‘Food is the ingredient that binds us together’
I quite agree with this quote as my earliest childhood memory about food was sitting and enjoying my meals with my cousins and family. Be it a family gathering or a religious festival like Ganesh Chaturthi, we kids were told to finish everything that was served on the plate. There were no vegetable options as per each ones likes/dislikes. One vegetable was served to the entire family. Wasting food was unacceptable in the house. Exposure to different tastes, flavors, and textures at an early age and trying new foods laid the foundation for healthy eating. No one in the family knew much about nutrition then, but when you eat everything that is on the plate that includes all the different food groups and nutrients, it makes up a balanced meal. I now follow this habit for my little girl.
I grew up in a joint family in my early childhood where my mother and aunt would cook in the morning and leave for work and then my grandmother would take care of all the kids and ensure that we ate well throughout the day. She used to prepare an evening snack for all of us when we would return from school. It could be anything from poha, upma, sabudana khichdi, thalipeeth, ghavan, sheera etc. After a long day at school, we would look forward to this snack which was not only healthy but also made with a lot of love, which made it even more nutritious. I feel one’s state of mind/mood while cooking has a great impact on the food that is prepared. Packaged food like chips, noodles, biscuits, bread or eating at a restaurant was a rare treat. Home cooked meals were what we all grew up on.
I had read a quote which said ‘many of us have learned more about our ancestors in the kitchen than we ever will from a book’- Anna Thomas
My grandmother’s recipes, her cooking techniques were later followed by my mother and aunt.
When we started full-day school, my mother used to pack all the tiffins for the day before leaving for work. We would start our day with a breakfast of milk and a chapati roll with ghee and sugar before leaving for school. This breakfast would keep us full till out first small break at school. Lunch would always be chapati and vegetables and jaggery ghee or mango murabba. My sister and I would eat all the vegetables and would finish our tiffin regularly. Thanks to the ‘finish everything’ and ‘no food wastage’ rule that was inculcated since childhood.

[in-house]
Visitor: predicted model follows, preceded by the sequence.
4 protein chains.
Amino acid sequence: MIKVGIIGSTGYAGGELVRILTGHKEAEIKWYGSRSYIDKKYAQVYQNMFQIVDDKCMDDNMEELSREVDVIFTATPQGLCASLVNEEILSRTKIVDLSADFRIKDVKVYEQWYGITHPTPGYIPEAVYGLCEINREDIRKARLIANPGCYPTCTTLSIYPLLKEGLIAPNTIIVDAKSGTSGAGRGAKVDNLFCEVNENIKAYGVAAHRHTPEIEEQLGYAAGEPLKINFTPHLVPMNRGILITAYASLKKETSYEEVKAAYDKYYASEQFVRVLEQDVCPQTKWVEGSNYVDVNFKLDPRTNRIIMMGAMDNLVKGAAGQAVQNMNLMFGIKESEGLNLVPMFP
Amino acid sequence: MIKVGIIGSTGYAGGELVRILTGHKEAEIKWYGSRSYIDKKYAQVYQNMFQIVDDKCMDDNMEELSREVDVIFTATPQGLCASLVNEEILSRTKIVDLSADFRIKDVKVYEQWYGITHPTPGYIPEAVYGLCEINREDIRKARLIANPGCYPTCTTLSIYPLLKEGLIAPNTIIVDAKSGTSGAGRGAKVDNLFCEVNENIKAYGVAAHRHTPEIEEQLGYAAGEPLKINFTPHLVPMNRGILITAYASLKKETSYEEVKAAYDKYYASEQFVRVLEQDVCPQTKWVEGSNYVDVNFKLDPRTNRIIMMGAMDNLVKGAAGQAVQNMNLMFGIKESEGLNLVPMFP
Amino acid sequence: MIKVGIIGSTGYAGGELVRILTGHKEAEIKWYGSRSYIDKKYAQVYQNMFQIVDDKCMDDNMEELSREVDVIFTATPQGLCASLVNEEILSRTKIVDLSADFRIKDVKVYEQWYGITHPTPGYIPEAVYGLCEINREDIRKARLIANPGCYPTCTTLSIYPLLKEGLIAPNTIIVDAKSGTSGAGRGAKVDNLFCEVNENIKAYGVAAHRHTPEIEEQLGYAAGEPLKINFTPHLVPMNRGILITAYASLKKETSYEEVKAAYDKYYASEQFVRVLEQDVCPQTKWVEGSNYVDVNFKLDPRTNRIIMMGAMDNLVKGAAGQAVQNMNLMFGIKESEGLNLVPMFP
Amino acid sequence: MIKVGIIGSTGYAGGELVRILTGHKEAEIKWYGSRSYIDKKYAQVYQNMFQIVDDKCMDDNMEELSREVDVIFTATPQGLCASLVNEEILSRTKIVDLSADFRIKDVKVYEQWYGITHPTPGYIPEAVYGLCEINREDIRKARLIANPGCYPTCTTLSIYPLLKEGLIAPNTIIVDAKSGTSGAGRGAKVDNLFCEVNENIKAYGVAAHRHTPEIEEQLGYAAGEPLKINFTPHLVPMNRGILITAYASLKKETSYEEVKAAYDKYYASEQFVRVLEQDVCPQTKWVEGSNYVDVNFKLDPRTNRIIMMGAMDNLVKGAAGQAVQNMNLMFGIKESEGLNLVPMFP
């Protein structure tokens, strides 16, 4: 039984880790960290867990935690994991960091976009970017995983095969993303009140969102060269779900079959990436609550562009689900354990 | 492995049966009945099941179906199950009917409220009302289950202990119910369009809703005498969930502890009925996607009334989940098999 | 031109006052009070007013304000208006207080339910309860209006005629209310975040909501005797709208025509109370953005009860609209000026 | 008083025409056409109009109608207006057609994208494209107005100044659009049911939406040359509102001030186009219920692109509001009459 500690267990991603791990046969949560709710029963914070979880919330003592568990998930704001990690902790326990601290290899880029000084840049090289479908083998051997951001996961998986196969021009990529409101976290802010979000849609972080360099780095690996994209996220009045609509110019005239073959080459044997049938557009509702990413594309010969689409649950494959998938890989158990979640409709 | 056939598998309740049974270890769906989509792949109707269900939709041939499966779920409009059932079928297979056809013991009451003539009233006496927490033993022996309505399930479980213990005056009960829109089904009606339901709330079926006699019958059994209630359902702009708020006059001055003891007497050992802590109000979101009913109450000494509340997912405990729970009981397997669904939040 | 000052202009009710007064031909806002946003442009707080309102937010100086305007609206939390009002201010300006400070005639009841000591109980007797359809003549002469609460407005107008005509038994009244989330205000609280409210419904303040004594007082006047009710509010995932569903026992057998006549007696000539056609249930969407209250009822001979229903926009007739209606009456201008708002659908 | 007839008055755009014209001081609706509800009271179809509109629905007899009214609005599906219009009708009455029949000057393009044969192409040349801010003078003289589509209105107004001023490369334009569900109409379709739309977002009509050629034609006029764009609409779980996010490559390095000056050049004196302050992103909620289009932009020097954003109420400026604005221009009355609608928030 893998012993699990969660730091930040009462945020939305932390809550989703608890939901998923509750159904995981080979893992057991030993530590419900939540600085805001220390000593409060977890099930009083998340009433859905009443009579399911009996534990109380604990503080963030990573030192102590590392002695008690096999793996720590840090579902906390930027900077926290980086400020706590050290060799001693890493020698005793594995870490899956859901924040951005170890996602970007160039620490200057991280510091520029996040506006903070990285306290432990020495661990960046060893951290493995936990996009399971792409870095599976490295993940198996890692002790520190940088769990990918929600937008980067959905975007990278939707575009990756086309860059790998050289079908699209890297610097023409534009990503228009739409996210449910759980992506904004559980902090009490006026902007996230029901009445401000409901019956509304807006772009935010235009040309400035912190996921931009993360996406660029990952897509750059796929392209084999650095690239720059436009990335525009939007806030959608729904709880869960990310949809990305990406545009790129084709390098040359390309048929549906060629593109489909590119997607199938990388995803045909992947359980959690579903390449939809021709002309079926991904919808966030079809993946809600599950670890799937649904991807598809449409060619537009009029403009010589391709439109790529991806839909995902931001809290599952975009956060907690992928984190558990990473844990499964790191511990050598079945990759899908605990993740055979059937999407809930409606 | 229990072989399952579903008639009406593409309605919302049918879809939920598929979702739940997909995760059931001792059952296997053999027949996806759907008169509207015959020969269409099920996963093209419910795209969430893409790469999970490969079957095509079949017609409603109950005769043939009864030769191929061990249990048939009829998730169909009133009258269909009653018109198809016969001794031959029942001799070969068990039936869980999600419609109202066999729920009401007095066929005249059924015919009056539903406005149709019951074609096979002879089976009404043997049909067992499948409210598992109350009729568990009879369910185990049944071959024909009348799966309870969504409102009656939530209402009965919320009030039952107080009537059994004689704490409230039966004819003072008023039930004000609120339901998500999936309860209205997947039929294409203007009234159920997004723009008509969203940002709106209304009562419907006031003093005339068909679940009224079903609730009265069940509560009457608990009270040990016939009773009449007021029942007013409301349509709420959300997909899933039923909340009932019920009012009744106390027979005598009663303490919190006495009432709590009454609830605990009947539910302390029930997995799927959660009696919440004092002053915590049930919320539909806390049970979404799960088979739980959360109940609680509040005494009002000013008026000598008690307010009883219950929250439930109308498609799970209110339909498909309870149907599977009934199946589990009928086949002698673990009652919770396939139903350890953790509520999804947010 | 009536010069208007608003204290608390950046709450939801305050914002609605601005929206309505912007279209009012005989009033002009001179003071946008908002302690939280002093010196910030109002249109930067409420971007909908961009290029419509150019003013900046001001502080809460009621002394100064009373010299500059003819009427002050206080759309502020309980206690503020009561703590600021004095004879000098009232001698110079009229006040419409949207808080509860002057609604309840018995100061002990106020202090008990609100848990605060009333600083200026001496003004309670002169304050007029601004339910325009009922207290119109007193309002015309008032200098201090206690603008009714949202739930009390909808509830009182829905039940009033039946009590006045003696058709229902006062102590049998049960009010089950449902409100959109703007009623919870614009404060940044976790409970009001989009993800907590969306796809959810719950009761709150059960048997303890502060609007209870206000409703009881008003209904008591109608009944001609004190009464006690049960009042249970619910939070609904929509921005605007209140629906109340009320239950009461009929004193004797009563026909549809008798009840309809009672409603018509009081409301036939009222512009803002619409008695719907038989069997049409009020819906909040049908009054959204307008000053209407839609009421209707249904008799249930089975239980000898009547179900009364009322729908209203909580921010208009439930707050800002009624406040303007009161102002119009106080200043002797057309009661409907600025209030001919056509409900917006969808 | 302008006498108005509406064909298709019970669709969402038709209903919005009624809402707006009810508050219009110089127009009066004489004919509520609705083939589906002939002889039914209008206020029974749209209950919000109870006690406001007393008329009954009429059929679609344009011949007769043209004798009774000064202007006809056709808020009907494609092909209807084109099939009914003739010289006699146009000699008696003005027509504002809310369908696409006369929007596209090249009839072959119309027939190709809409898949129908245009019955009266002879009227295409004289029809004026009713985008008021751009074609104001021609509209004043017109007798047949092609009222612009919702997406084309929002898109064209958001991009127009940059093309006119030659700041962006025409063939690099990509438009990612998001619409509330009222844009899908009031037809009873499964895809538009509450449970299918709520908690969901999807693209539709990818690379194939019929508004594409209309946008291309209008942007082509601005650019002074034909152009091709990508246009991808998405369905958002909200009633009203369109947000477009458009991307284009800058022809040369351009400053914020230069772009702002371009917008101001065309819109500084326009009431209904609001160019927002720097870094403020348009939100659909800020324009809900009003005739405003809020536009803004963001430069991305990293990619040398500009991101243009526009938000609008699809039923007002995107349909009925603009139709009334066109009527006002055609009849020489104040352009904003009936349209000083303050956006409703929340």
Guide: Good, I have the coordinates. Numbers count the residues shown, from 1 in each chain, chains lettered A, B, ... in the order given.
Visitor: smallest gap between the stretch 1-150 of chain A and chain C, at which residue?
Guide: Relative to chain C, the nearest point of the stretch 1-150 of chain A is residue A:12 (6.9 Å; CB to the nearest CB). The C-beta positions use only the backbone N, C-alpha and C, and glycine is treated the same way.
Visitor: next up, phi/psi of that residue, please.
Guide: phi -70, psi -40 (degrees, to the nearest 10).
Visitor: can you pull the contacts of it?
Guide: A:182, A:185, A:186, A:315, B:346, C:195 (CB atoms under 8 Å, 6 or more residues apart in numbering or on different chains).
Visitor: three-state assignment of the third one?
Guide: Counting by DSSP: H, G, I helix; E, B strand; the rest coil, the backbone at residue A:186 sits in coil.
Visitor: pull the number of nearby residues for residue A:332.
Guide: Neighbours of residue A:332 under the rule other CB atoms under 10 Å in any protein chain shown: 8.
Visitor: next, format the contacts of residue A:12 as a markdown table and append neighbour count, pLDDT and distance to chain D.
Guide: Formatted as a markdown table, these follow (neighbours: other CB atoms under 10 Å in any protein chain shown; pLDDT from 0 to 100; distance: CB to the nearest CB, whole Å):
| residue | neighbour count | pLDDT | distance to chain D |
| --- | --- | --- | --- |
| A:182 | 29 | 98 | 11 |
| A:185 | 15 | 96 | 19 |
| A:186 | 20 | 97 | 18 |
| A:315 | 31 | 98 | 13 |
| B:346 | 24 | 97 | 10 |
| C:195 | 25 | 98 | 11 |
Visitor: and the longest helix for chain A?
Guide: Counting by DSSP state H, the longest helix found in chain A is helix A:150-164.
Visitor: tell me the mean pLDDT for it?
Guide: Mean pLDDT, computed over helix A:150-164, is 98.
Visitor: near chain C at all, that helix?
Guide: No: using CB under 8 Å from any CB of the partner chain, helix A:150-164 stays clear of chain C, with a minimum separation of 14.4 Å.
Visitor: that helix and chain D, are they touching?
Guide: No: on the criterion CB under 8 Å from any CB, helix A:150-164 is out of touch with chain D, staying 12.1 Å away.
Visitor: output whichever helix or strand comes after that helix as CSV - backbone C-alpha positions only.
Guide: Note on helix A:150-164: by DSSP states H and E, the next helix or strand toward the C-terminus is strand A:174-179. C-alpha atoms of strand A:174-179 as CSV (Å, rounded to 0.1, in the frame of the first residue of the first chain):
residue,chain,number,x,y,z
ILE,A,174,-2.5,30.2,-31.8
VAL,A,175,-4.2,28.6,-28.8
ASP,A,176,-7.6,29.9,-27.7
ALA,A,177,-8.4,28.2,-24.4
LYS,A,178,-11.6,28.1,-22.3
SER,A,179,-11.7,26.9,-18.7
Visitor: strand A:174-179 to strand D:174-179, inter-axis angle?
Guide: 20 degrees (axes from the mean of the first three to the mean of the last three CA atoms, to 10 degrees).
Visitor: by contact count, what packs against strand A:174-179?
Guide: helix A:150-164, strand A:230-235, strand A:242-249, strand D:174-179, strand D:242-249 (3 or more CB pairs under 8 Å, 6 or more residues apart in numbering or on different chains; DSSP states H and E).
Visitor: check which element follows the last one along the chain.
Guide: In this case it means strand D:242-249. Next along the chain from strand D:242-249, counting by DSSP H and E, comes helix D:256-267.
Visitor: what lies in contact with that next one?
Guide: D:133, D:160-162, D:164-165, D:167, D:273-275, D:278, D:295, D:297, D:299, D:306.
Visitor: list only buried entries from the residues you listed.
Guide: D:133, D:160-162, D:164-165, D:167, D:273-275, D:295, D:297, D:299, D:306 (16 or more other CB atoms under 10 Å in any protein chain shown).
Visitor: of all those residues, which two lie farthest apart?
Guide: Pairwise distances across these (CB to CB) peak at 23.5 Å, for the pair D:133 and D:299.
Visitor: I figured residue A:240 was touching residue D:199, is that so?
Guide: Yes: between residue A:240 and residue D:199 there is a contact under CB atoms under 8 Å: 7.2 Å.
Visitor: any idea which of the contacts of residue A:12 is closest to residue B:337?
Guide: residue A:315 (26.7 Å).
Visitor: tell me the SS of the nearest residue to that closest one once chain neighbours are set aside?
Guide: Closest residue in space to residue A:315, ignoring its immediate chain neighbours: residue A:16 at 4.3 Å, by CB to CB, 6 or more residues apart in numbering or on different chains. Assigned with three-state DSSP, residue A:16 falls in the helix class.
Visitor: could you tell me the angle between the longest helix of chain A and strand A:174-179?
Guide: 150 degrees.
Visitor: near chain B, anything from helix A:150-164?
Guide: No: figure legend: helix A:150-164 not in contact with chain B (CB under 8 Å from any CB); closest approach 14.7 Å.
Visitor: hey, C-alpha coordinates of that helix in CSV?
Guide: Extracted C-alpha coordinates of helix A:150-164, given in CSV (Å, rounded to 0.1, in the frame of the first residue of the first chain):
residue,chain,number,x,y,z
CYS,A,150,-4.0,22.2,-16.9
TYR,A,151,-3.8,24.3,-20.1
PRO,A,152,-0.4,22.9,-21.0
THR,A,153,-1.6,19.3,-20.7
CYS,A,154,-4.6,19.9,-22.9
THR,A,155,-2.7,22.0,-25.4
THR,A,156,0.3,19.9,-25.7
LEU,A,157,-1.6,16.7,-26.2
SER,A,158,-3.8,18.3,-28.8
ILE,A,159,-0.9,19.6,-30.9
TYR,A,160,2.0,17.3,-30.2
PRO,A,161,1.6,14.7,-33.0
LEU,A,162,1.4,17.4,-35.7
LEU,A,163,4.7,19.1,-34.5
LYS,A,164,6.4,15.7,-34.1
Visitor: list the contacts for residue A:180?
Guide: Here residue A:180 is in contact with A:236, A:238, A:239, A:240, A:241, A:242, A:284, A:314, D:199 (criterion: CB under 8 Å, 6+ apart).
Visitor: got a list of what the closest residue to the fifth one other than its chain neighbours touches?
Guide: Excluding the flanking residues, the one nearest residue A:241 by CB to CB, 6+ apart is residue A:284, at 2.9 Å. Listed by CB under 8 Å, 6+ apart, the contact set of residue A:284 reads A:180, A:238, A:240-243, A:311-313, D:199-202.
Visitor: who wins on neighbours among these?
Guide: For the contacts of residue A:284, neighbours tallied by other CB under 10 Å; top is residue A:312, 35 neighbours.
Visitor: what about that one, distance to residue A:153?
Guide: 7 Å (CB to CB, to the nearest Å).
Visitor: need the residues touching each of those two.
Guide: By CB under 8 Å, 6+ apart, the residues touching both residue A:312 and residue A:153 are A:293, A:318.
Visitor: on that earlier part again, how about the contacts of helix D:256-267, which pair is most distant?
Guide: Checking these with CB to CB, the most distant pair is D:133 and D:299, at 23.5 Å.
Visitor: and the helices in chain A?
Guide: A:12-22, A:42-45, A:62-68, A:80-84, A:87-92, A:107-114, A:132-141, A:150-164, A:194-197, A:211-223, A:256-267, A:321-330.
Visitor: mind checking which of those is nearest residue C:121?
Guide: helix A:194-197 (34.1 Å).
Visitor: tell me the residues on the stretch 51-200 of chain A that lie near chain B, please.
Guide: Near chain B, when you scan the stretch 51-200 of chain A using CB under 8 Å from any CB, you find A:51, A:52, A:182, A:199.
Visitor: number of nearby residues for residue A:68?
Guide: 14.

In spite of being a full-time working mother, she would make sure that we carried home cooked food and avoid canteen food. In our college days, she used to make wholesome porridges using ragi or rajgeera with dryfruits for breakfast instead of the ready to eat cereal which is loaded with sugar. Dinner would always include some dal/ sprouts, salad, and buttermilk along with roti and rice. We used to carry lunch tiffins to college as well. Eating freshly prepared home cooked meals are definitely more nutritious and also help build your immunity.
Along with healthy eating, I am happy to be blessed with good genes (no family history of any major disease) from both my parents. In spite of multi-tasking so many roles, I am really thankful to my mother for teaching me healthy eating habits since childhood and for focusing on my health.
To thank my mother, I have penned a few lines for her-
She has managed work and home so well
She handles so many things, she is a multi-tasker as well
She is short and sweet, active and fit,
She makes healthy and tasty meals that we love to eat
She loves to shop, travel and have a lot of fun
She does not like to rest and is always on the run
She is a mother, a wife, and a grandmother
She manages everything like a pro, she is our home minister!